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Pros and Cons of raising a queen in different seasons

Although this question stems from me considering raising a new queen in autumn before going into winter to replace my current 2.5yo queen. I was wondering what are the pros and cons of raising your own queen (so not replacing with a bought mated queen or with a swarm queen cell) in each of the different seasons except winter.

On a side note, should I just let the colony supercedure this queen? She is still laying a nice pattern of brood and bees are pretty docile. Not sure the laying rate though. Friend is suggesting to replace so less chance of swarming next spring. It was an unwanted split, so only just expanded to all 8 frames.

Thank you in advance
Eric

Raising your own queen is ok if you are happy with her being of a calm strain which is the most important trait in my opinion. After all, a bought queen can be a bigger risk as there is no guarantee about her other than that she is mated and laying. But that is only my opinion and I don’t buy queens.
It is more than the age of the queen that can trigger a hive to swarm and that is only one consideration but of lesser importance.
If I don’t want a Spring swarming I do an early Spring split (July up here) and I do a strong split. I very seldom have swarms happen. I also don’t look to replacing a queen in a colony except in the Spring, as in nature, that is when a hive will split if the conditions dictate it.
Sounds like your queen is still laying well with a good pattern, if she was beginning to fail the laying pattern would be hit and miss. So for what it is worth I would leave her to do her thing and next Spring either do a split and terminate her then or if the hive then is not to large then just terminate her and let the colony do what comes naturally and they will produce a new queen.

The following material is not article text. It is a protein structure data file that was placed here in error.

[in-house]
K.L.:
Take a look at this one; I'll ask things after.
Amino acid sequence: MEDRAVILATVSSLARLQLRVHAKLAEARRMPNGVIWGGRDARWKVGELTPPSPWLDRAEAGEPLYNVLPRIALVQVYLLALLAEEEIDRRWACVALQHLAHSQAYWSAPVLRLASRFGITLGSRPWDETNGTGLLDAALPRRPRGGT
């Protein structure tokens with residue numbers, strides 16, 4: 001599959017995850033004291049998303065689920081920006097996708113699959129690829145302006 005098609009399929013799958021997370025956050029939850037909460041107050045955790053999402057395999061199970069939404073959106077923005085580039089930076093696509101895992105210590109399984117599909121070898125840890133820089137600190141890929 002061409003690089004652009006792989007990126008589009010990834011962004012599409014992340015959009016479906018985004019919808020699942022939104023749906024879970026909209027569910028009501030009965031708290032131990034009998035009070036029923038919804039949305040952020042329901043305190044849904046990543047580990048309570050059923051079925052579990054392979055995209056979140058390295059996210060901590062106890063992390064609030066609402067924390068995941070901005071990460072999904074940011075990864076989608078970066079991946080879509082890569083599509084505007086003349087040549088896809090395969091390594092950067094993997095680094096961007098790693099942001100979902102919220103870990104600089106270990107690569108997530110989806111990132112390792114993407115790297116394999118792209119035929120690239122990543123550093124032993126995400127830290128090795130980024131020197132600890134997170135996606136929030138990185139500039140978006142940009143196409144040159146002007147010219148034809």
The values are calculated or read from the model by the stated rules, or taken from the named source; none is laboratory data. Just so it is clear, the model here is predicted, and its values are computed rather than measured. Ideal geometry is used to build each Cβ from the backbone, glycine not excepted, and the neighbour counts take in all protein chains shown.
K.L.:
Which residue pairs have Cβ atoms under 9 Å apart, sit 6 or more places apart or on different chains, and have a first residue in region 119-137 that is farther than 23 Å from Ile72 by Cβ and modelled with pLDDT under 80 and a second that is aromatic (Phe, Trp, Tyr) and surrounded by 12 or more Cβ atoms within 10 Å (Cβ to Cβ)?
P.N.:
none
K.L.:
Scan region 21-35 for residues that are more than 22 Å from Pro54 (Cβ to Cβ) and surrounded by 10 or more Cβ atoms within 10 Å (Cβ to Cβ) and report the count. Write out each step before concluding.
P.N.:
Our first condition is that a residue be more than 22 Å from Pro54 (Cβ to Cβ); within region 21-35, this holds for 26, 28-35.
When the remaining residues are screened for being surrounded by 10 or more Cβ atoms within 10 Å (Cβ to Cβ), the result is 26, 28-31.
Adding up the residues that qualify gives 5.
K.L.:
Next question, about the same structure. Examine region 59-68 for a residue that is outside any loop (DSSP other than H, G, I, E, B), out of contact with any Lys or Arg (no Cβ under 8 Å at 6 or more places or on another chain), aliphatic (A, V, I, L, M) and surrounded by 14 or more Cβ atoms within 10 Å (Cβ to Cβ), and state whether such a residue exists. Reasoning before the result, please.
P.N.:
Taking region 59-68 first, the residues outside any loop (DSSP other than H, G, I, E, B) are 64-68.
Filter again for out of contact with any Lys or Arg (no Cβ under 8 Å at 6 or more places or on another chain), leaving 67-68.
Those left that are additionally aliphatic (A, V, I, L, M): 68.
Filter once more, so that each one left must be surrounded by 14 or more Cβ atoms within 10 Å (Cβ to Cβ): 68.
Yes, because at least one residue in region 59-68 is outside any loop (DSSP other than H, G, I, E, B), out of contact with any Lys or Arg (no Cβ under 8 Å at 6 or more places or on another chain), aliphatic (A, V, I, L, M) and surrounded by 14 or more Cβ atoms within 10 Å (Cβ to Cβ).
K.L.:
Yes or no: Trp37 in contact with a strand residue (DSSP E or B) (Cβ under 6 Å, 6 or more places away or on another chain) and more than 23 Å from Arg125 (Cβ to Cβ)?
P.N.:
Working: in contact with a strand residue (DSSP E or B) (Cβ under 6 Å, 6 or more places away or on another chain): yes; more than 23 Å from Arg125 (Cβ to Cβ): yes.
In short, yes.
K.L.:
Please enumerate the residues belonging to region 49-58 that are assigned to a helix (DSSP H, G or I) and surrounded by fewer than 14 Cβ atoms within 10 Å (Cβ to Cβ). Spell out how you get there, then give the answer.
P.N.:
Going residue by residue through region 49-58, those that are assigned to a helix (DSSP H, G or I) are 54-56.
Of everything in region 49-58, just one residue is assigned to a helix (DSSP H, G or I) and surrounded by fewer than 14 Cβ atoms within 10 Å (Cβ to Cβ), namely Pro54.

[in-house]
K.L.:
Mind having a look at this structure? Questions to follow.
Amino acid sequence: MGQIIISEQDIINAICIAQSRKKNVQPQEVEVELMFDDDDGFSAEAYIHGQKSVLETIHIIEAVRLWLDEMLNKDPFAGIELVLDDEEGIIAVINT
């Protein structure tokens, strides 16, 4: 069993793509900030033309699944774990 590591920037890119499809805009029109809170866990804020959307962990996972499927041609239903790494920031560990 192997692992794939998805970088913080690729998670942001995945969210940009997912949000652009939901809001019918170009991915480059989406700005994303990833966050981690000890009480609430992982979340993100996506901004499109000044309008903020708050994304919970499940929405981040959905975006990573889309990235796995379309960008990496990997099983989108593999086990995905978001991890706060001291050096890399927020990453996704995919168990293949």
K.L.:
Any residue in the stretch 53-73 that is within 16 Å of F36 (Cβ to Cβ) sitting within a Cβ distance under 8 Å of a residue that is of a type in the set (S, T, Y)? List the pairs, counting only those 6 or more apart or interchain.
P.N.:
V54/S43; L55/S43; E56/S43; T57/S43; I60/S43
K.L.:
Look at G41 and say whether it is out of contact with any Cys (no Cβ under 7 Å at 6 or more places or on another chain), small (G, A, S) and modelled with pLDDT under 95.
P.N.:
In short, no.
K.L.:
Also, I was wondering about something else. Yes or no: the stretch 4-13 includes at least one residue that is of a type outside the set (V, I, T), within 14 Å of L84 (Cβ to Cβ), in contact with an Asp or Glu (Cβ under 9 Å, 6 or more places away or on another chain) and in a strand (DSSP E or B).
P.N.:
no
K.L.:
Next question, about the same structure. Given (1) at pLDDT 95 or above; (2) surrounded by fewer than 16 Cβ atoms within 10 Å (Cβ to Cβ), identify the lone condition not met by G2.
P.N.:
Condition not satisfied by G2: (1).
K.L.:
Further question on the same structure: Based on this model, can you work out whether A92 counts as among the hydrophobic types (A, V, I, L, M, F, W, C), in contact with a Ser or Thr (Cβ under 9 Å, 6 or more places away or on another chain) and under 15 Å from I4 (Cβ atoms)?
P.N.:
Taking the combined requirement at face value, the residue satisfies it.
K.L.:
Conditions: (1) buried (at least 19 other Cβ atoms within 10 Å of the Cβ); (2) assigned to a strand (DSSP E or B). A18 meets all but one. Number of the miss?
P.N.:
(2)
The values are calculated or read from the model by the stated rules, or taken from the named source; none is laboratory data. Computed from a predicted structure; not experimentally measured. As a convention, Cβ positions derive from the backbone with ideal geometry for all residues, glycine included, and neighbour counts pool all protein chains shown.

Having one hive I would do a Spring split as a second hive has so many benefits and needs little extra time to care for.
Cheers Eric

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This is my second hive. I bought my first hive as a nuc. Both hives are new and have drawn all the frames. This weekend hoping to inspect and see if a super each is needed.

I am in melb surburbia so i think splits are done maybe mid-late Sept? I guess i could do a vertical split to raise a new queen then recombine both splits with the new queen.

When would be the latest before no drones around to mate a new queen?

@Peter48, What do you consider a strong split?

Cheers,
Fred

I would think late September would be about the right time for your climate. I’m guessing drones will be about till mid Autumn when your hive there would be ‘closing down’ in preparation for Winter. But then is a nuc a saleable item then, I sell complete hives, when I say complete I mean even down to a mouse guard, super and em-lock and they sell easily in the Spring but I don’t even get inquiries for the rest of the year.
Cheers

I normally take 1/2 of everything with the queen if I can find her going to the new location if I can’t straddle the original hive location with both splits so that the drift of adult bees balances out somewhat to give 2 strong hives more often than not a single brood box hive that will pick up quickly.
All of my queens are marked so after 3 or 4 weeks max I look to find the queen that is marked and check she is laying brood. I then check the other split for a new laying queen and mark her and check she is going well. On the next inspection I am set up to add a super expecting the hive is strong enough to need a super.